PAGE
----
Pittsburgh Art Places


Gateway Center T station, platform level

Related Links


Ceramic, Tile, Transit, Rhor, Bearden, Collage, Port Authority

Artwork Type

Mural, Permanent

Pittsburgh Recollections, 1984

Romare Bearden


Commissioning Entity Port Authority of Allegheny County
Owner Port Authority of Allegheny County
ADA Services The platform level of the T station is accessible by elevator and escalator.

Pittsburgh Recollections was first installed in the original Gateway T-station in 1984 as part of the Port Authority’s plan to integrate more art in the public transit system. Completed by well-known American artist Romare Bearden, this immense ceramic mural is composed of 780 ceramic tiles, and captures Bearden’s memories of Pittsburgh. Though born in North Carolina and most associated with the New York art world, Bearden spent many summers at his grandparents’ boardinghouse in Pittsburgh, and always maintained strong ties with the city. In this mural Bearden presents a patchwork of quintessential Pittsburgh scenes and images. The city’s iconic rivers snake across the length of the composition and frame Bearden’s Pittsburgh story. On the left side, we see historical scenes: soldiers in tri-corner hats remind the viewer of the founding of Fort Pitt, and colonial crafts such as spinning, log cabins and covered wagons evoke the hardworking colonial roots of the city. The right side of the mural is dedicated to more contemporary images: silhouettes of workers carrying lunch pails heading to work, tall smokestacks and a pair of steelworkers working over molten steel stand as emblems of the city’s industrial heritage and pay homage to the workers who built the city. 

Though Bearden didn’t typically work in ceramic, this mural is very typical of his collage style. His collages are known for the juxtaposition of random scenes and images, often related to African American history and culture. Here he uses this technique on a monumental scale with ceramic tile, and captures the essence of Pittsburgh’s past and its industrial present.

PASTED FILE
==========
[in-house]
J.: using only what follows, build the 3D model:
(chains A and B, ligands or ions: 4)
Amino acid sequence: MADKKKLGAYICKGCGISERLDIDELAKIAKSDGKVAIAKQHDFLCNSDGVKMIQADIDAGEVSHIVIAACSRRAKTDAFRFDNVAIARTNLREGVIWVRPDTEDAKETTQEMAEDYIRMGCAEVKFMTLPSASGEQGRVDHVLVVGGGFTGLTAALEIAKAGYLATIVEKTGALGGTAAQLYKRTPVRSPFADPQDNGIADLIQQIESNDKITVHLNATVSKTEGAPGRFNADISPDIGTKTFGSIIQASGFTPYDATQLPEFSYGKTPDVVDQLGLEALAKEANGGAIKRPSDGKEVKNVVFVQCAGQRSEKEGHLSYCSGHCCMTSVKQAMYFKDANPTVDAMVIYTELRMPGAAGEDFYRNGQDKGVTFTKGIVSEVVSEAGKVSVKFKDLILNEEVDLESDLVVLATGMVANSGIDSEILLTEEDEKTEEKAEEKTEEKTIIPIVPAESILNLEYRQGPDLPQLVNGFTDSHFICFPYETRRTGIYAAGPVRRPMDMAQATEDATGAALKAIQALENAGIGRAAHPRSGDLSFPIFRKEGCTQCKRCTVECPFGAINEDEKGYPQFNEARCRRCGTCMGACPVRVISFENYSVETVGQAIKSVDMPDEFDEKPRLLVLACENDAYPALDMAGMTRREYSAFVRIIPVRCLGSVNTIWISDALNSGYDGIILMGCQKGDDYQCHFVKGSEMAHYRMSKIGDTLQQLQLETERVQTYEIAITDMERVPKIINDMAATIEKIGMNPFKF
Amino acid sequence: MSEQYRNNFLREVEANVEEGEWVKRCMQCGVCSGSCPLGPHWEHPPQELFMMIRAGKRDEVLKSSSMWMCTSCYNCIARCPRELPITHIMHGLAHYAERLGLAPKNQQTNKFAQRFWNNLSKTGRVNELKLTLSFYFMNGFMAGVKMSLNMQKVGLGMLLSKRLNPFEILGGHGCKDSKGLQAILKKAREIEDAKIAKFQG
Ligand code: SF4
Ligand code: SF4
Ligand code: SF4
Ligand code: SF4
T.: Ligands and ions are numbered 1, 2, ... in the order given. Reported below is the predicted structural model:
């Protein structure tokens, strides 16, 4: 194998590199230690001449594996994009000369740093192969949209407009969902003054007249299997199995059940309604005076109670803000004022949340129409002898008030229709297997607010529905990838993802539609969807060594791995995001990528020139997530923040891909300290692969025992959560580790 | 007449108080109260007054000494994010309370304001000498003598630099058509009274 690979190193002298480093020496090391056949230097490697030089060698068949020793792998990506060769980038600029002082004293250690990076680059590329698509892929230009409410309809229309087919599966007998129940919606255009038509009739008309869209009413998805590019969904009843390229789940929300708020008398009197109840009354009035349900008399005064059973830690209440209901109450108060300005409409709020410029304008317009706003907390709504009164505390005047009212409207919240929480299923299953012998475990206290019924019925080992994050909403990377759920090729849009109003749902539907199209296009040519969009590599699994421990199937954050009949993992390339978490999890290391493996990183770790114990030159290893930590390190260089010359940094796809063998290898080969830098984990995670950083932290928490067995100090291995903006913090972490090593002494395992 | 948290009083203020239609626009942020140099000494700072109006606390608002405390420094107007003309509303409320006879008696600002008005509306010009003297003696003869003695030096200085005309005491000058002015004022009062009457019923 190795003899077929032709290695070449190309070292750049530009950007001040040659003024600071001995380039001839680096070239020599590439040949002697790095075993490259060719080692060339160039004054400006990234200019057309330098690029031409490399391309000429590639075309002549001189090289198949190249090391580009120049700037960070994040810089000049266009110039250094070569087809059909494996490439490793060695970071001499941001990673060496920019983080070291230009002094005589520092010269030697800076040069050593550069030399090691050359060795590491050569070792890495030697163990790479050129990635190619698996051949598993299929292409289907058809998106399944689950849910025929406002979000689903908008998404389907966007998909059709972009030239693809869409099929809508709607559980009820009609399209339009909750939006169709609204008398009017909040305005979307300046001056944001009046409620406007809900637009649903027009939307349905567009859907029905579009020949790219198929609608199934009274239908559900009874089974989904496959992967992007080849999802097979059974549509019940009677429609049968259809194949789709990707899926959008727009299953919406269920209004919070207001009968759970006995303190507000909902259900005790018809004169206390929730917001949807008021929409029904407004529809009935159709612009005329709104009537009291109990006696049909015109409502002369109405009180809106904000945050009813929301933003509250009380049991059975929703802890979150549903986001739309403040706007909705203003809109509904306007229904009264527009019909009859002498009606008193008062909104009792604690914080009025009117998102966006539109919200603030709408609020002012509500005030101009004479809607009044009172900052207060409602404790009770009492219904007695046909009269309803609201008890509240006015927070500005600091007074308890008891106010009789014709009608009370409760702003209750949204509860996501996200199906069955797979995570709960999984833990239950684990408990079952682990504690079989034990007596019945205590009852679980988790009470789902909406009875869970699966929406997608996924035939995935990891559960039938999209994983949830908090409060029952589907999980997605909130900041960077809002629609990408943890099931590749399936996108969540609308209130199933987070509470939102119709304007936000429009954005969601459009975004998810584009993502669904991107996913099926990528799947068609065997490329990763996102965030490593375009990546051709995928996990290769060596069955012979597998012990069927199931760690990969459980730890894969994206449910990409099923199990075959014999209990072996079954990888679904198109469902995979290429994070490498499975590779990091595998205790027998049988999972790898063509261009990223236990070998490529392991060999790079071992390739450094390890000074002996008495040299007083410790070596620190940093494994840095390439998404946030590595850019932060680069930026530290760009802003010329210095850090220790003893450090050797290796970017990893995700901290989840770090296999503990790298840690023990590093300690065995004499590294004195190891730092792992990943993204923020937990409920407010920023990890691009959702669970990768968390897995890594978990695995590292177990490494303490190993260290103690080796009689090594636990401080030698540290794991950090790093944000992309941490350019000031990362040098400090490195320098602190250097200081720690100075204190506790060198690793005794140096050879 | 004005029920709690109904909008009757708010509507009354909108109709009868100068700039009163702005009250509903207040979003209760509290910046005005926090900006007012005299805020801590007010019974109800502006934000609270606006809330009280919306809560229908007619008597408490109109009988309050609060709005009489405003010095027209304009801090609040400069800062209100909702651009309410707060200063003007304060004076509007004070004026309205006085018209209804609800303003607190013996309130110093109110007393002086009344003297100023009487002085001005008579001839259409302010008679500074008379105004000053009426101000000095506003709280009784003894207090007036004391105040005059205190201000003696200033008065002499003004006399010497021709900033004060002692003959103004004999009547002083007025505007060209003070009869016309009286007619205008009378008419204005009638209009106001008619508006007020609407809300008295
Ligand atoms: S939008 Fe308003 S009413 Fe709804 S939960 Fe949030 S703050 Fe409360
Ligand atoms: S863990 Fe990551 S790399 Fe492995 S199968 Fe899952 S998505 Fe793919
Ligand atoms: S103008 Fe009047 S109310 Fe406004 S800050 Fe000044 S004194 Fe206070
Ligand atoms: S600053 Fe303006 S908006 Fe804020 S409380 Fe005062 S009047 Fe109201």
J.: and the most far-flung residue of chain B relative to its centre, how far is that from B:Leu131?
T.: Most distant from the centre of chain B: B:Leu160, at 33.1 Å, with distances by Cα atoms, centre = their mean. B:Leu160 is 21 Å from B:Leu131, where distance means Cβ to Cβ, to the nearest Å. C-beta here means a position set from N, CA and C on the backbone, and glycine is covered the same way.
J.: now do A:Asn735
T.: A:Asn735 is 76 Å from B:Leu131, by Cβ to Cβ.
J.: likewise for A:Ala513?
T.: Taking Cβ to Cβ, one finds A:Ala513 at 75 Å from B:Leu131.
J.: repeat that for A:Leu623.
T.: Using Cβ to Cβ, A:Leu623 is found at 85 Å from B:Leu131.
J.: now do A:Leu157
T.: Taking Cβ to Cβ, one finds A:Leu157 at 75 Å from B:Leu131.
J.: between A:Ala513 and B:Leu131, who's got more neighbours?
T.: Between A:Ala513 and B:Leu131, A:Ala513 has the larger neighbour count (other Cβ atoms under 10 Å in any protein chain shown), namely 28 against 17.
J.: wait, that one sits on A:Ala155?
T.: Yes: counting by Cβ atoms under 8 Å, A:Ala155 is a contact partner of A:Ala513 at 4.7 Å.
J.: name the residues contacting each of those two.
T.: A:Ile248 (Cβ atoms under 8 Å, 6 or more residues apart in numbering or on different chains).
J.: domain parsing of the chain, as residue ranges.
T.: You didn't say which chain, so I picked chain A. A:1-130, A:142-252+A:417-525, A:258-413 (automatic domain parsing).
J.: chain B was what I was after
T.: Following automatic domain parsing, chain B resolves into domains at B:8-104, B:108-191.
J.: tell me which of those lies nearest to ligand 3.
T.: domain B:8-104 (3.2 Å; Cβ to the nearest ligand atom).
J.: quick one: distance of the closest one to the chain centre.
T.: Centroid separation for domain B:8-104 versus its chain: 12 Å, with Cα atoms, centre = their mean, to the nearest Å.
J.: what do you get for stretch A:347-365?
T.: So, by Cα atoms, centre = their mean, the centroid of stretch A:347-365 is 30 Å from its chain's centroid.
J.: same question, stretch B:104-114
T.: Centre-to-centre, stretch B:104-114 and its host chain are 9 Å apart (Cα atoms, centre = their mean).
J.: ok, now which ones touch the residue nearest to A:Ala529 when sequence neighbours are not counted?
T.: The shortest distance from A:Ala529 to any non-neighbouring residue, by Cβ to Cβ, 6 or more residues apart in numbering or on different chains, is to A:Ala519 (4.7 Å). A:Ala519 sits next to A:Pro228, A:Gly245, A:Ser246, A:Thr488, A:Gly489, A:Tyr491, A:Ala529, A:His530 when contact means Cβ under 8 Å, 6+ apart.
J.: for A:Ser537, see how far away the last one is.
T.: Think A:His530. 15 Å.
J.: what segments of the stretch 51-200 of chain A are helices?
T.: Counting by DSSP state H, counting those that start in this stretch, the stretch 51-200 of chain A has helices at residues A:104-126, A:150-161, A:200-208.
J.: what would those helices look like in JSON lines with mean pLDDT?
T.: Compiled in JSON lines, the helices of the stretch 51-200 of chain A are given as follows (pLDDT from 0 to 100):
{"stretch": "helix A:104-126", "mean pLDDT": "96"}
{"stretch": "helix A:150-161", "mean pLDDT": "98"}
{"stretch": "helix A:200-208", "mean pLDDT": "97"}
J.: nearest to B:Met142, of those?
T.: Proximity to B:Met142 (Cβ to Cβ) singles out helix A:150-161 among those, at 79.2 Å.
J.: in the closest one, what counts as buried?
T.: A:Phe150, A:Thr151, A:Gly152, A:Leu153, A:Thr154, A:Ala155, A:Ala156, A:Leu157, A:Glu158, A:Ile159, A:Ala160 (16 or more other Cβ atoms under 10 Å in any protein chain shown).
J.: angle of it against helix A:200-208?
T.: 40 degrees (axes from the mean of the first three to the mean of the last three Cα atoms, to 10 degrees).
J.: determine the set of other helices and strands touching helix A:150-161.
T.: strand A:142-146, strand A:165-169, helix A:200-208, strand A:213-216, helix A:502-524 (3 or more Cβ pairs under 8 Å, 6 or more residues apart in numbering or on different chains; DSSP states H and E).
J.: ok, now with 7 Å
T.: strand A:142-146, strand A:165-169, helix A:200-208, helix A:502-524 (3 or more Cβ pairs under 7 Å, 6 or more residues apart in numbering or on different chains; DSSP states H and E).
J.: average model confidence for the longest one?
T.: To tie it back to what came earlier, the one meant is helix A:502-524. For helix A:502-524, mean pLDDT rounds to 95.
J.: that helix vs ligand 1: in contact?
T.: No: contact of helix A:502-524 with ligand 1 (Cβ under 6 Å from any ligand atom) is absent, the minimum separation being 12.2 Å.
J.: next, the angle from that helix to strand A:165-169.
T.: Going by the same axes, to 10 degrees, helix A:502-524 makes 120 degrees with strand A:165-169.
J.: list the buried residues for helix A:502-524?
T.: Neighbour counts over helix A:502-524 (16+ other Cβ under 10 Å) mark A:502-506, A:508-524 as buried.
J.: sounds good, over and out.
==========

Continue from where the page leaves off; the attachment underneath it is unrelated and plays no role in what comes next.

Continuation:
The mural is also notable for the groundbreaking removal, restoration and reinstallation process. The high tech conservation, carried out by McKay and Lodge, cost over $1 million and involved cutting edge and experimental restoration processes. 

By Sylvia Rhor, Ph.D.


Sims, Lowery Stokes, The Art of Romare Bearden, New York: Rizzoli, 1993
Romare Bearden: American Modernist: Washington DC, National Gallery of Art, 2011
Mary Thomas, Romare Bearden’s Tile Mural Once Again Shows his love for the city and its people” Pittsburgh Post-Gazette, March 14, 2012. 
Dr. Sylvia Rhor is Associate Professor of Art History at Carlow University in Pittsburgh, Pa. She has written extensively about murals, the history of museum education, and political cartoons. Her doctoral research was the first full-length study of the historic mural collection in Chicago Public Schools. Recently, she published “The Evolution of the Chicago School Mural Movement” in The Decorated School: Essays in the Visual Culture of Schooling (Black Dog Press, 2013), and she co-authored, “Shaping Spaces/Shaping Publics: A Short History of Mural Painting in the United States” in The Companion to Public Art (Blackwell Press, forthcoming). Her current research focuses on the early 20th century labor murals in Pittsburgh. 

Romare Bearden (1911-1988) was born in North Carolina. He spent much of his youth in Pittsburgh, spending summers at his grandparents’ boardinghouse in Lawrenceville and graduating from Peabody High School. He attended Lincoln University, Boston University and graduated from New York University, where he earned a degree in education. Bearden worked as a social worker in New York from the 1930s to the 1960s, and devoted his free time to the study of art and art-making. He began his art career as a cartoonist, contributing to publications such as The Medley and the Baltimore Afro-American. Bearden also took art classes at the Art Students League in New York and the Sorbonne in Paris, and joined the Harlem Artists Guild. In 1940, he had his first solo exhibition. Like this mural, his artwork often mixed personal memory of places and people with literary, historical or musical references. Bearden’s work is included in many major museum collections, including the Metropolitan Museum of Art, the Whitney Museum of Art, and the National Gallery of Art, Washington, DC.